URI
https://scholars.duke.edu/individual/pub1464643
PMID
33146569
Source
pubmed
Published In
Journal of Palliative Medicine
Volume
24
Published Date
Start Page
116
End Page
121
DOI
10.1089/jpm.2020.0628

Hospice Use Among Patients With Cancer: Trends, Barriers, and Future Directions.

Patients with advanced cancer and their families frequently encounter clinical and logistical challenges related to end-of-life care. Hospice provides interdisciplinary and holistic care to meet patients' biomedical, psychosocial, and spiritual needs in the last phases of life. Despite increasing general acceptance and use among patients with cancer, hospice remains underused. Underuse stems from ongoing misconceptions regarding hospice and its purpose, coupled with the rapid development of novel anticancer treatments, such as immunotherapies and targeted therapies, that have changed the landscape of possibilities. Furthermore, rapid evolutions in how end-of-life care is structured and reimbursed for will affect how oncology patients will intersect with hospice care. In this review, we explore the current and future challenges to greater integration of hospice care in the care of patients with advanced cancer and propose five recommendations as part of the path forward.
Authors
Patel, MN; Nicolla, JM; Friedman, FAP; Ritz, MR; Kamal, AH
MLA Citation
Patel, Mihir N., et al. “Hospice Use Among Patients With Cancer: Trends, Barriers, and Future Directions.Jco Oncol Pract, vol. 16, no. 12, Dec. 2020, pp. 803–09. Pubmed, doi:10.1200/OP.20.00309.
URI
https://scholars.duke.edu/individual/pub1465696
PMID
33186083
Source
pubmed
Published In
Jco Oncol Pract
Volume
16
Published Date
Start Page
803
End Page
809
DOI
10.1200/OP.20.00309

Evaluation of a Virtual Learning Collaborative to Integrate Palliative Care Into Routine Oncology Practice.

PURPOSE: The integration of palliative care into usual oncology care is a best practice, but implementation can be challenging. METHODS: We convened a virtual learning collaborative (VLC) of oncology practices with a focus on integrating palliative care. The entire program was virtual, with teams meeting via online Webinar and conference call and accessing content via an online portal. Because of the need to pause and retool after the first 5 months, the VLC evolved into 2 phases, with feedback after the first phase informing the second. We primarily evaluated the reaction of participants and project team members after the completion of the VLC using 2 quantitative surveys (after each phase) and semistructured interviews with participants. RESULTS: A total of 24 oncology practices entered the VLC. Evaluation after each of 2 phases was conducted. For the first evaluation, 67% of respondents agreed a quality improvement coach was helpful to complete the program; 61% agreed a palliative care expert was helpful. The most common reasons for withdrawal involved organizational and VLC factors. Organizational factors included: time constraints, personnel changes (turnover), loss of the champion, and lack of team engagement. Twenty-two active participants and 8 former participants completed the second survey. Of those, 79% agreed the experience with the VLC was valuable, and 74% agreed the virtual delivery mode was useful. We identified 3 themes to drive future improvements related to structure, engagement, and content. CONCLUSION: VLCs are a potential mechanism to disseminate information and facilitate learning in oncology. Further study of program characteristics that promote acceptance of VLCs are needed.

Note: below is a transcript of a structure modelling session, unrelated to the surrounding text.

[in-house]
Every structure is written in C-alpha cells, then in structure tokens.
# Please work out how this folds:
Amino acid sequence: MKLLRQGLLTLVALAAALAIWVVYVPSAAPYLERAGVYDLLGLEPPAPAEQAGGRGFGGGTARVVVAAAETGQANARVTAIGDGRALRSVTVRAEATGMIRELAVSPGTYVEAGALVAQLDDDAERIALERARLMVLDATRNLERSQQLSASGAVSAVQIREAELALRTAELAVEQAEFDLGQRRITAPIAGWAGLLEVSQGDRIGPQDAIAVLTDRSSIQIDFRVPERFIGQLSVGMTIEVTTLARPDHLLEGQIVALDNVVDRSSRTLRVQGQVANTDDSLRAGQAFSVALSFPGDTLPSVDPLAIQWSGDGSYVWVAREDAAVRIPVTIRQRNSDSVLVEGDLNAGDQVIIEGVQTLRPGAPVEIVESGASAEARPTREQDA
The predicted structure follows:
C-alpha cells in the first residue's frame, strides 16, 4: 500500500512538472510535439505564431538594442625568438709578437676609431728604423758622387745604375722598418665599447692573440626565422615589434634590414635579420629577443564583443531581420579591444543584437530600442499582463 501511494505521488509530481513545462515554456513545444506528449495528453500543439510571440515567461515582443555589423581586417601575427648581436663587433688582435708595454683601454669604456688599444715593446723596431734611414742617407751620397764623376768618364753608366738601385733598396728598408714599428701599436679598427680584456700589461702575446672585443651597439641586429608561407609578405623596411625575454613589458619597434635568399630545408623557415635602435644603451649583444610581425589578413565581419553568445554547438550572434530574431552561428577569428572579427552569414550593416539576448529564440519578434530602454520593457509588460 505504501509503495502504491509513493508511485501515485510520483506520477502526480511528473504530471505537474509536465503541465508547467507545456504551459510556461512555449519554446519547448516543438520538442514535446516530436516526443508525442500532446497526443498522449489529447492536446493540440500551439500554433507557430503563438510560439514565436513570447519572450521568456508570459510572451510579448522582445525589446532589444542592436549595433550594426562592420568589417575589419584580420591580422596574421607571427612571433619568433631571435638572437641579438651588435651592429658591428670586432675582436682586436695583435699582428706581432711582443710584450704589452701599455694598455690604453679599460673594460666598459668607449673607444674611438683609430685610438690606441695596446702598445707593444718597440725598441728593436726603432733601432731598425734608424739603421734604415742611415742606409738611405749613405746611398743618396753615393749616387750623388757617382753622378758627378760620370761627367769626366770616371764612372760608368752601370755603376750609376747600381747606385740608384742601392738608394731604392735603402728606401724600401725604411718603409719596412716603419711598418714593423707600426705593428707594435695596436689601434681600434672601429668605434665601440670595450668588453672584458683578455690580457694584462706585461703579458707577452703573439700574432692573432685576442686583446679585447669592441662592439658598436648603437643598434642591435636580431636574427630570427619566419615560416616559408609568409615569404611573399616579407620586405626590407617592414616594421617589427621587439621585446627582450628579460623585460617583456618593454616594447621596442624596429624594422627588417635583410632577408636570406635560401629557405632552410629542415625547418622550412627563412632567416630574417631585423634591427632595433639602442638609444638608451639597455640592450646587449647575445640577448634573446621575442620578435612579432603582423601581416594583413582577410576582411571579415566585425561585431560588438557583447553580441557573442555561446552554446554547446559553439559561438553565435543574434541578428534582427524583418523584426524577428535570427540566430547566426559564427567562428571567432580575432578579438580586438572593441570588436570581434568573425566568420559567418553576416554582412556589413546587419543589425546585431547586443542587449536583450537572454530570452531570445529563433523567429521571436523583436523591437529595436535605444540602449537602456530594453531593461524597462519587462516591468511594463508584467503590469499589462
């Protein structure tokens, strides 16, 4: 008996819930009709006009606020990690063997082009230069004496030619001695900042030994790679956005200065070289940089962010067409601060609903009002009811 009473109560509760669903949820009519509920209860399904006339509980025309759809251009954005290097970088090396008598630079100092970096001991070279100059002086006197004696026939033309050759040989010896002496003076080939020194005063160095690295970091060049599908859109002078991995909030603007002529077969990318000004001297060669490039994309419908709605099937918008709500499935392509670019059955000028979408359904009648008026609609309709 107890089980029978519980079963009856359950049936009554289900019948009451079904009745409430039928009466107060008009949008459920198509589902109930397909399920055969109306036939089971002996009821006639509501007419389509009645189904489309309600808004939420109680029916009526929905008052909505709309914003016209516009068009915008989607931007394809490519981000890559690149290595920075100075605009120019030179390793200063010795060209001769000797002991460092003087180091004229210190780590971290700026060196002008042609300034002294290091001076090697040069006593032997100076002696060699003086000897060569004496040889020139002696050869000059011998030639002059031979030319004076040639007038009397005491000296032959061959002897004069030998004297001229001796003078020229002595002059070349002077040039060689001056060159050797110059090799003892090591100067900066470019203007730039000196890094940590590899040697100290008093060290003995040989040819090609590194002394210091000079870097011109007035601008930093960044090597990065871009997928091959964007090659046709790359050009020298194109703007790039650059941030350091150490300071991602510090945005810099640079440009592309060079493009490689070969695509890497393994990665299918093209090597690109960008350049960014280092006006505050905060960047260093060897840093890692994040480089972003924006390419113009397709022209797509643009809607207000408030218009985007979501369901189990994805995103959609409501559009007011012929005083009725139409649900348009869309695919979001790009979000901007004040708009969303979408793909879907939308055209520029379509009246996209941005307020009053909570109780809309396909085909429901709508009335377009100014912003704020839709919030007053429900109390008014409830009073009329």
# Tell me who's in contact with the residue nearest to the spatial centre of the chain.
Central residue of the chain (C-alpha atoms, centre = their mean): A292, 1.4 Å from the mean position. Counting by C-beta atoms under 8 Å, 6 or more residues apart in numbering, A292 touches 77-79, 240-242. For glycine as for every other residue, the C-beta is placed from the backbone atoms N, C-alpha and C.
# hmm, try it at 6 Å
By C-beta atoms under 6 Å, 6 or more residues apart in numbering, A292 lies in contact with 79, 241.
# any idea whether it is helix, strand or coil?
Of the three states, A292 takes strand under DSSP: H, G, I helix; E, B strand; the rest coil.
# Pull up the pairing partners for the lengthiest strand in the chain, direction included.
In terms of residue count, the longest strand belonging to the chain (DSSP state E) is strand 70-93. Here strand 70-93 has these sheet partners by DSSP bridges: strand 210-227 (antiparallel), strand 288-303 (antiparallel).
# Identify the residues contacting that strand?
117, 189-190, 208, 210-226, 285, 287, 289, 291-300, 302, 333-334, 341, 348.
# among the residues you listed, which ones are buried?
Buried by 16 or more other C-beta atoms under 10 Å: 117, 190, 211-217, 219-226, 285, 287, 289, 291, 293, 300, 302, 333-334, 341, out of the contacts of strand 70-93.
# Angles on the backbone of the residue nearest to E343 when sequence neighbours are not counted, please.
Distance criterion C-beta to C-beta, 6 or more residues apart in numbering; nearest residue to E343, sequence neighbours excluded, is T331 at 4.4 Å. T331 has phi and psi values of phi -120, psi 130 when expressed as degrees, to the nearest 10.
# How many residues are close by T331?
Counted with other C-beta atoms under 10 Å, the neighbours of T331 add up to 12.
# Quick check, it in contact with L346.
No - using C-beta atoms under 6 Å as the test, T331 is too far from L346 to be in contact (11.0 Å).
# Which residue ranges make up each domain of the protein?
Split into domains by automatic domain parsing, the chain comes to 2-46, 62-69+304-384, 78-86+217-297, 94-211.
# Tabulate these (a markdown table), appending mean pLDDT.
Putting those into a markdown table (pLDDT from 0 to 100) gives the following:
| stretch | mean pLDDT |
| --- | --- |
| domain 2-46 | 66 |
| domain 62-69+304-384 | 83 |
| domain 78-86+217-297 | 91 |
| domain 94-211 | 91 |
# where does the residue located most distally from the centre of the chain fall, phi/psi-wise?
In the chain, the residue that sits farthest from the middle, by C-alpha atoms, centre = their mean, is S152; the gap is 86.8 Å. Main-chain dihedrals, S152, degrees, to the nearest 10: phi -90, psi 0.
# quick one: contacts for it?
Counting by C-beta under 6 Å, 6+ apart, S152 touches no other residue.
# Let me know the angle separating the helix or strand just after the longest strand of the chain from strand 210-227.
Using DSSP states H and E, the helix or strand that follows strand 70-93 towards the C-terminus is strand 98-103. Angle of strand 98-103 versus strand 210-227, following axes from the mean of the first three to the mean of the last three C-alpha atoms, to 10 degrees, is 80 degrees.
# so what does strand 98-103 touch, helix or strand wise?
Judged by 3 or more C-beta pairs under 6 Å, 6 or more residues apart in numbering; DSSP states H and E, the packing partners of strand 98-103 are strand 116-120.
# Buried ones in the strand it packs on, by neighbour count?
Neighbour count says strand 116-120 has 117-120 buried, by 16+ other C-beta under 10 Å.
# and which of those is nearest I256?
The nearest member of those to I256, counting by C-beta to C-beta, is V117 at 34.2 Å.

Authors
Kamal, AH; Bossley, H; Blum, R; Berman, AJ; von Gunten, C; Von Roenn, J
MLA Citation
Kamal, Arif H., et al. “Evaluation of a Virtual Learning Collaborative to Integrate Palliative Care Into Routine Oncology Practice.Jco Oncol Pract, vol. 16, no. 11, Nov. 2020, pp. e1371–77. Pubmed, doi:10.1200/JOP.19.00254.
URI
https://scholars.duke.edu/individual/pub1447968
PMID
32552317
Source
pubmed
Published In
Jco Oncol Pract
Volume
16
Published Date
Start Page
e1371
End Page
e1377
DOI
10.1200/JOP.19.00254